Comp Stakeholders Respond to Failure of Closed Formulary Bill in Committee, Urge Bipartisanship

The closed formulary bill for workers’ comp (SB256 by Senator Martiny) was voluntarily deferred in the Senate Health and Welfare Committee on Wednesday, May 6th. Senator Martiny volunteered to bring his measure before Committee first, and immediately explained his new perspective on the legislation: “I have always prided myself in my twenty-plus years in this building as a consensus builder,” he said. “It appears that I have built a consensus – nobody likes this bill.”

The measure had been unanimously opposed when it went before the Governor’s Workers’ Compensation Advisory Council (WCAC) in both its original and re-drafted forms.

Troy Prevot, WCAC member and Administrator of LCTA, explained that he agreed with the deferral, as the bill lacked necessary clarity.

“The bill without amendments lacked a guarantee of evidence-based medicine as a backbone of the formulary,” Prevot said. “That standard [of evidence-based medicine] is across the board for states that have adopted formularies. It can’t be just a list of drugs, as there would be very little [clinical] basis to add or control access. A formulary is a good tool, but it has to be done right or it will lead to more confusion and potential problems.”

Greg Hubachek, another WCAC member and claimant attorney with Workers’ Compensation LLC, took issue with the drafting of the bill, calling it “clandestine.” He explained further, “The idea behind the creation of the WCAC was to provide the public with a forum to discuss and create proposed revisions to the Louisiana Workers’ Compensation Act and, in turn, report to the Legislature…if the drafters would have presented SB256 to the WCAC and permitted open review and discussion of the bill, then [it] would have had a greater chance at success.”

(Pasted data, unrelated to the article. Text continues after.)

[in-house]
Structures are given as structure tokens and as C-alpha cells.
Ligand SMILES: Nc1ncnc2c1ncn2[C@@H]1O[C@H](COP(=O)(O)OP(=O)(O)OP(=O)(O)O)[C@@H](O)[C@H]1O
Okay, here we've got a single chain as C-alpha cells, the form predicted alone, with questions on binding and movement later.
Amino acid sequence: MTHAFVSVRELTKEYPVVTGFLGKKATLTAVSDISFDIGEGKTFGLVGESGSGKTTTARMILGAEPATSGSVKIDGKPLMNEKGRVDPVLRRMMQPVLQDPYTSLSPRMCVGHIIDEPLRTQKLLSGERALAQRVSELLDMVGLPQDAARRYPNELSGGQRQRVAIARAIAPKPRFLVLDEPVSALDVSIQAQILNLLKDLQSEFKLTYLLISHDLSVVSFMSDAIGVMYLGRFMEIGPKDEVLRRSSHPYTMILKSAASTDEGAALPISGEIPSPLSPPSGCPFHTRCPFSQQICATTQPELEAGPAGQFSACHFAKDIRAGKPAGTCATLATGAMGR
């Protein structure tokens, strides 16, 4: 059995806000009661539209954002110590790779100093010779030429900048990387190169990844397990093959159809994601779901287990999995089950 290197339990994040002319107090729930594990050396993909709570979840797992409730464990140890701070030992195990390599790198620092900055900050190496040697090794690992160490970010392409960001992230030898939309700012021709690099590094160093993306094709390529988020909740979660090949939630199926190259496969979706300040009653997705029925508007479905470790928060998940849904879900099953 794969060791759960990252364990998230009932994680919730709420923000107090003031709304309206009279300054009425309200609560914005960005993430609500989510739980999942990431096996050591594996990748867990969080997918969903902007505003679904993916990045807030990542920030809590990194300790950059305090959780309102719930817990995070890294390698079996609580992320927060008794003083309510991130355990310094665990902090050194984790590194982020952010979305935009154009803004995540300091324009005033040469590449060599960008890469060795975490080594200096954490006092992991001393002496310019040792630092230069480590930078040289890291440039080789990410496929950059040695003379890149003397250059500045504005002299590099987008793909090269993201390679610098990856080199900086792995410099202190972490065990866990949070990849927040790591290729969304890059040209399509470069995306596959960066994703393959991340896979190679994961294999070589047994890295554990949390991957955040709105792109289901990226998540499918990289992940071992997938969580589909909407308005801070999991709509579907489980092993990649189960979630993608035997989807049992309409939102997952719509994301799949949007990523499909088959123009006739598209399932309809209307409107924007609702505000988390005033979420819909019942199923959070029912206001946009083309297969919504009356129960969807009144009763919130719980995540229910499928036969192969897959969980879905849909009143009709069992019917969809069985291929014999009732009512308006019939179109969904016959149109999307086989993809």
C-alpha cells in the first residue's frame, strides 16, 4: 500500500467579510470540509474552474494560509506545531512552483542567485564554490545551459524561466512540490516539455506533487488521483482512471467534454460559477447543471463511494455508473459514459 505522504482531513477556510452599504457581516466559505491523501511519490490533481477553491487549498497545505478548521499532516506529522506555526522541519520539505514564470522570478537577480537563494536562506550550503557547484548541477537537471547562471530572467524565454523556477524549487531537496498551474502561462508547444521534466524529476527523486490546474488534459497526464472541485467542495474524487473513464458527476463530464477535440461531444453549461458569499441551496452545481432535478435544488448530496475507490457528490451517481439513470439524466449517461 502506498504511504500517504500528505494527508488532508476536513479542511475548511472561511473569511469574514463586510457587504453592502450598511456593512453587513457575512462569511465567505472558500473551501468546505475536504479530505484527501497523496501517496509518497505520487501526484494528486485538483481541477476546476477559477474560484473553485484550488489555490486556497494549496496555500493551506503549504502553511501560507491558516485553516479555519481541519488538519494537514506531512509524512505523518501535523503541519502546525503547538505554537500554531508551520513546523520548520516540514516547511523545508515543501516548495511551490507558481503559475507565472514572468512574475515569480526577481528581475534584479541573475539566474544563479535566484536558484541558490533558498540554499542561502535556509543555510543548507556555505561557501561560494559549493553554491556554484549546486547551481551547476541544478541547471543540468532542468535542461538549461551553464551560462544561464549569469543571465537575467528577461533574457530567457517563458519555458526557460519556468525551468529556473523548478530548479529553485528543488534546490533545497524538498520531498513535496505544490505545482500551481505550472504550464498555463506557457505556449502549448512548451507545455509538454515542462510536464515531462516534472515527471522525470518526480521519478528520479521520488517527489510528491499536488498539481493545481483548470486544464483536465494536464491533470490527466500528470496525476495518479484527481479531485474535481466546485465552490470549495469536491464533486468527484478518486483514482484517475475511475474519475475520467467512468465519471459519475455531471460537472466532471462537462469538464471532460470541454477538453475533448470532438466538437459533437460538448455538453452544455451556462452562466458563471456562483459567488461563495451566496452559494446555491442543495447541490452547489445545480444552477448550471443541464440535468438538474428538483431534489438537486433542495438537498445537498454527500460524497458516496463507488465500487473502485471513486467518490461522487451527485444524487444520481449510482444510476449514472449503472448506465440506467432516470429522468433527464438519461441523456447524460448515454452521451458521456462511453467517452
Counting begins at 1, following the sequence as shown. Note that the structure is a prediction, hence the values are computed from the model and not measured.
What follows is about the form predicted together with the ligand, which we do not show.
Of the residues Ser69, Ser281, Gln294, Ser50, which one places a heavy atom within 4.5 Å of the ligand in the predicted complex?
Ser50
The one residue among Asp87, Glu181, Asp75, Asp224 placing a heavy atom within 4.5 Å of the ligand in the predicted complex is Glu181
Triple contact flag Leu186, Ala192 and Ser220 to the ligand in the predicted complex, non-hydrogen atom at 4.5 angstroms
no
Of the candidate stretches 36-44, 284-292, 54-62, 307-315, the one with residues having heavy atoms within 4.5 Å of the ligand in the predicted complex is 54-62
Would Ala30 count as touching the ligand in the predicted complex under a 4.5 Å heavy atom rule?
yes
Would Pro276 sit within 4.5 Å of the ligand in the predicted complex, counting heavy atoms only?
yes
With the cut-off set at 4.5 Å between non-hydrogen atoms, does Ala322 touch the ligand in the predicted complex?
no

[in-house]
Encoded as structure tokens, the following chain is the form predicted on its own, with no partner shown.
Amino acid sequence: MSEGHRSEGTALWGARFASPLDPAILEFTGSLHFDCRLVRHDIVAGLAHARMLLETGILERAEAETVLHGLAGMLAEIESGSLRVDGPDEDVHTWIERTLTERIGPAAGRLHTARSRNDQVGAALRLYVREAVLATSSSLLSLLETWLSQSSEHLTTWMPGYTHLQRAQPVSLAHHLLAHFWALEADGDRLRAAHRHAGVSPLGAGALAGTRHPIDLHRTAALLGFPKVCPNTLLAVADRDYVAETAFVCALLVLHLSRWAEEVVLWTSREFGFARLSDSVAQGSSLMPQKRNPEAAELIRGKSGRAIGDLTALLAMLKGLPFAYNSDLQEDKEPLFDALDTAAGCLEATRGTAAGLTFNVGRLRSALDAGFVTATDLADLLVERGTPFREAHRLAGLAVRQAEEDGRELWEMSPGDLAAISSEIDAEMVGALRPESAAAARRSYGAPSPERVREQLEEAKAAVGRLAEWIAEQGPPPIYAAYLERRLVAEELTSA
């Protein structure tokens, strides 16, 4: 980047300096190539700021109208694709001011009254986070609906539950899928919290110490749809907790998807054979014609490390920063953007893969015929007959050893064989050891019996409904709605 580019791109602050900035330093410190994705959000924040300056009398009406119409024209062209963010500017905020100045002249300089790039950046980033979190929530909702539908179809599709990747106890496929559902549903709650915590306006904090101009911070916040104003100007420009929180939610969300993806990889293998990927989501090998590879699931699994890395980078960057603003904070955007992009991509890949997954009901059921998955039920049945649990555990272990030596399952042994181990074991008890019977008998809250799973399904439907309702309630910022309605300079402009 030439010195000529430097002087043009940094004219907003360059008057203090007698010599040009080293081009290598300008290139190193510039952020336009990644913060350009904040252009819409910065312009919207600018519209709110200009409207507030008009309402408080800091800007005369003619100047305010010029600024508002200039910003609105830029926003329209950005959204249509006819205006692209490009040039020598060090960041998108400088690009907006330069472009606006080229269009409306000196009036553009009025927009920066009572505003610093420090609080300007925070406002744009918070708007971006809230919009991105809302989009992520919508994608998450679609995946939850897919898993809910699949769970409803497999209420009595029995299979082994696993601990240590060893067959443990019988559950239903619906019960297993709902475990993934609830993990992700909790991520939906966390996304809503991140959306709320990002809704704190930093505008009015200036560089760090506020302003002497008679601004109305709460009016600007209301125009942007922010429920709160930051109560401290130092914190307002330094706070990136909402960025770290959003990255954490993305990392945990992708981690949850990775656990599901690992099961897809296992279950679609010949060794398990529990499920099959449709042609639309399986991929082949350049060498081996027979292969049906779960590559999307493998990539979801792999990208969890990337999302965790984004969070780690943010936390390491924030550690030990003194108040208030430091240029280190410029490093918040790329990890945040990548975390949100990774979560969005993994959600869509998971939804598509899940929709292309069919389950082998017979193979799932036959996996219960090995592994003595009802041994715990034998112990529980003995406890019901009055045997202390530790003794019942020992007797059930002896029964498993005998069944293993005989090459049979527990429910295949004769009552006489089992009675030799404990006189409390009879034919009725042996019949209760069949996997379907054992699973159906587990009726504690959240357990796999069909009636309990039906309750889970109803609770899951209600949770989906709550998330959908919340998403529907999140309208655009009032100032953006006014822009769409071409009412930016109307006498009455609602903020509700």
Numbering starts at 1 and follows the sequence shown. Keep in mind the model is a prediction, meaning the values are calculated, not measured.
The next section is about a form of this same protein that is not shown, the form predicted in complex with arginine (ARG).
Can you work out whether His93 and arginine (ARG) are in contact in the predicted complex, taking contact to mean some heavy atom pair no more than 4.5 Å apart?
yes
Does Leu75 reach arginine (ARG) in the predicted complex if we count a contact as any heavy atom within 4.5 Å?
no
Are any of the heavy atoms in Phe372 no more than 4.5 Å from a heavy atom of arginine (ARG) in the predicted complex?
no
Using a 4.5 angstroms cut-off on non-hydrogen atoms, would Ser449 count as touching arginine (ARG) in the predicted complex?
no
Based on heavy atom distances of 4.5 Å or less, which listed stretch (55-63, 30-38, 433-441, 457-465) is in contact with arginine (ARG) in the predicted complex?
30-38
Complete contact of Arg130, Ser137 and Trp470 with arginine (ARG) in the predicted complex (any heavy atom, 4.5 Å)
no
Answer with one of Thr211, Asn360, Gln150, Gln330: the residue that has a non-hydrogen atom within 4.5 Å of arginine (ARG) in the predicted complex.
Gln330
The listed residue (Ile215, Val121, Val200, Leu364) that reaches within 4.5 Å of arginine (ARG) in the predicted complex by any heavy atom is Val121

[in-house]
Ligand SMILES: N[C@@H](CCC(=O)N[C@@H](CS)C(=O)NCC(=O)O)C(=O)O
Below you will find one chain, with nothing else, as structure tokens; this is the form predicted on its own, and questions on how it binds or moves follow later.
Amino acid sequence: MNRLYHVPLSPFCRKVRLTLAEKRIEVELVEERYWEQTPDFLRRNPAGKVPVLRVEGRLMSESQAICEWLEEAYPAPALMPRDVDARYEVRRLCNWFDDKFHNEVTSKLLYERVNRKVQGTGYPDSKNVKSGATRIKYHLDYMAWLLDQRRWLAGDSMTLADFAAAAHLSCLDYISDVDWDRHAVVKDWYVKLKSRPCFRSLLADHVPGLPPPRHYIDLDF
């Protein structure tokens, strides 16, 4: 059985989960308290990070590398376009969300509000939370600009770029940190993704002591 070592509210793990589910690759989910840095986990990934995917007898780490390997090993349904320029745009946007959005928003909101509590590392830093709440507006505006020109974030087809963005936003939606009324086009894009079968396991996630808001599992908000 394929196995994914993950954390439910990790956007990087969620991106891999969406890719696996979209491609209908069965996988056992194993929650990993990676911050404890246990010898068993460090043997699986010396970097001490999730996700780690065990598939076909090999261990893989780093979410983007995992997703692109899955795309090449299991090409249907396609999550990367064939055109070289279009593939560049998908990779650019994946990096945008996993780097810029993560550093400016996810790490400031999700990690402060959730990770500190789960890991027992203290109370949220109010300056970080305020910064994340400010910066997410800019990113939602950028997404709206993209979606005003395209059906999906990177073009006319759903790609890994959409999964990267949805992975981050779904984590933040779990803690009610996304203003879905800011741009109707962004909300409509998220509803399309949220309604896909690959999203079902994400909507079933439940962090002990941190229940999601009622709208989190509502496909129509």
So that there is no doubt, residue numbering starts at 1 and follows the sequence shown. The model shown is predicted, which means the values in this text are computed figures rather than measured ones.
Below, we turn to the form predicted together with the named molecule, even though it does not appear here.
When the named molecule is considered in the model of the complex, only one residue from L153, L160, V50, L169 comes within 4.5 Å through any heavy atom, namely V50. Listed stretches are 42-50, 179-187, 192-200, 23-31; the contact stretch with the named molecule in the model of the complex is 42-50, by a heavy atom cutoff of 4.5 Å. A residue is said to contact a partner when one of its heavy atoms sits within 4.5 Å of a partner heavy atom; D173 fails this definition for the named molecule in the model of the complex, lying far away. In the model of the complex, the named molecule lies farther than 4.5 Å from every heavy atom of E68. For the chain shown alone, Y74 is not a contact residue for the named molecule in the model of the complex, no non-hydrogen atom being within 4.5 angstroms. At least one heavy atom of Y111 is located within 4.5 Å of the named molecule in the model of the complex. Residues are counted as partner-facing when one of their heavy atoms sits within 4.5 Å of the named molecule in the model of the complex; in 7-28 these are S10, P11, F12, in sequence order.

Both Prevot and Hubachek see the potential benefits that a formulary could confer upon Louisiana’s system, but stress the need for a clinical focus. “The Medical Treatment Schedule [or, Medical Treatment Guidelines] should be the starting point for proposed revisions to statutes and hearing rules pertaining to workers’ compensation medical benefits,” Hubachek said. “In my opinion, we should first permit the Medical Advisory Council [MAC] to try to create a specific pharmacy formulary and associated guidelines, in the same manner that the MAC created the MTS.”

Additionally, from Prevot’s insurer/employer perspective, the formulary would have to make specific allowances for employer choice of pharmacy, which has been supported by recent jurisprudence. “Insurers and employer groups want to preserve the ability to direct where claimants get their drugs [in order] to control pricing,” he explained. “The courts have ruled several times that, as long as there is no difficulty in getting the drugs, employers can direct [that] care. As the only opportunity we have to keep costs down, we wanted to preserve that [within the bill’s language].”

Wayne Fontana, a local workers’ comp defense attorney with Roedel Parsons, who has also worked on workers’ comp legislation for decades, followed the same track as Prevot regarding the bill’s vague language. Identifying the formulary issue as “an obvious subject for future consideration,” Fontana noted that the conflict falls in an interpretive context, which the new law would need to clarify. “Current caselaw has properly recognized employer choice [of pharmacy],” he said. “While Section 1121 of the Louisiana Workers’ Compensation Act [dictates] an employee’s choice of physician, the jurisprudence has correctly restricted that right to the choice of doctor [only].”

Though the bill is effectively dead for this session, both the labor and employer/insurer sides of the WCAC are committed to finding a solution, with Prevot and Hubachek forming a task force at the forefront of a bipartisan effort.

“I have committed to work with Troy Prevot to develop a pharmacy formulary and associated guidelines that will improve the delivery of medical treatment to the benefit of both employers and their injured employees,” Hubachek confirmed. “Over the course of the next nine months, the WCAC’s pharmacy formulary task force will invite the participation of healthcare providers, employer representatives, insurer representatives, employee representatives, and interested members of the general public. In this way, proposed revisions can be created in an equitable and transparent process.”


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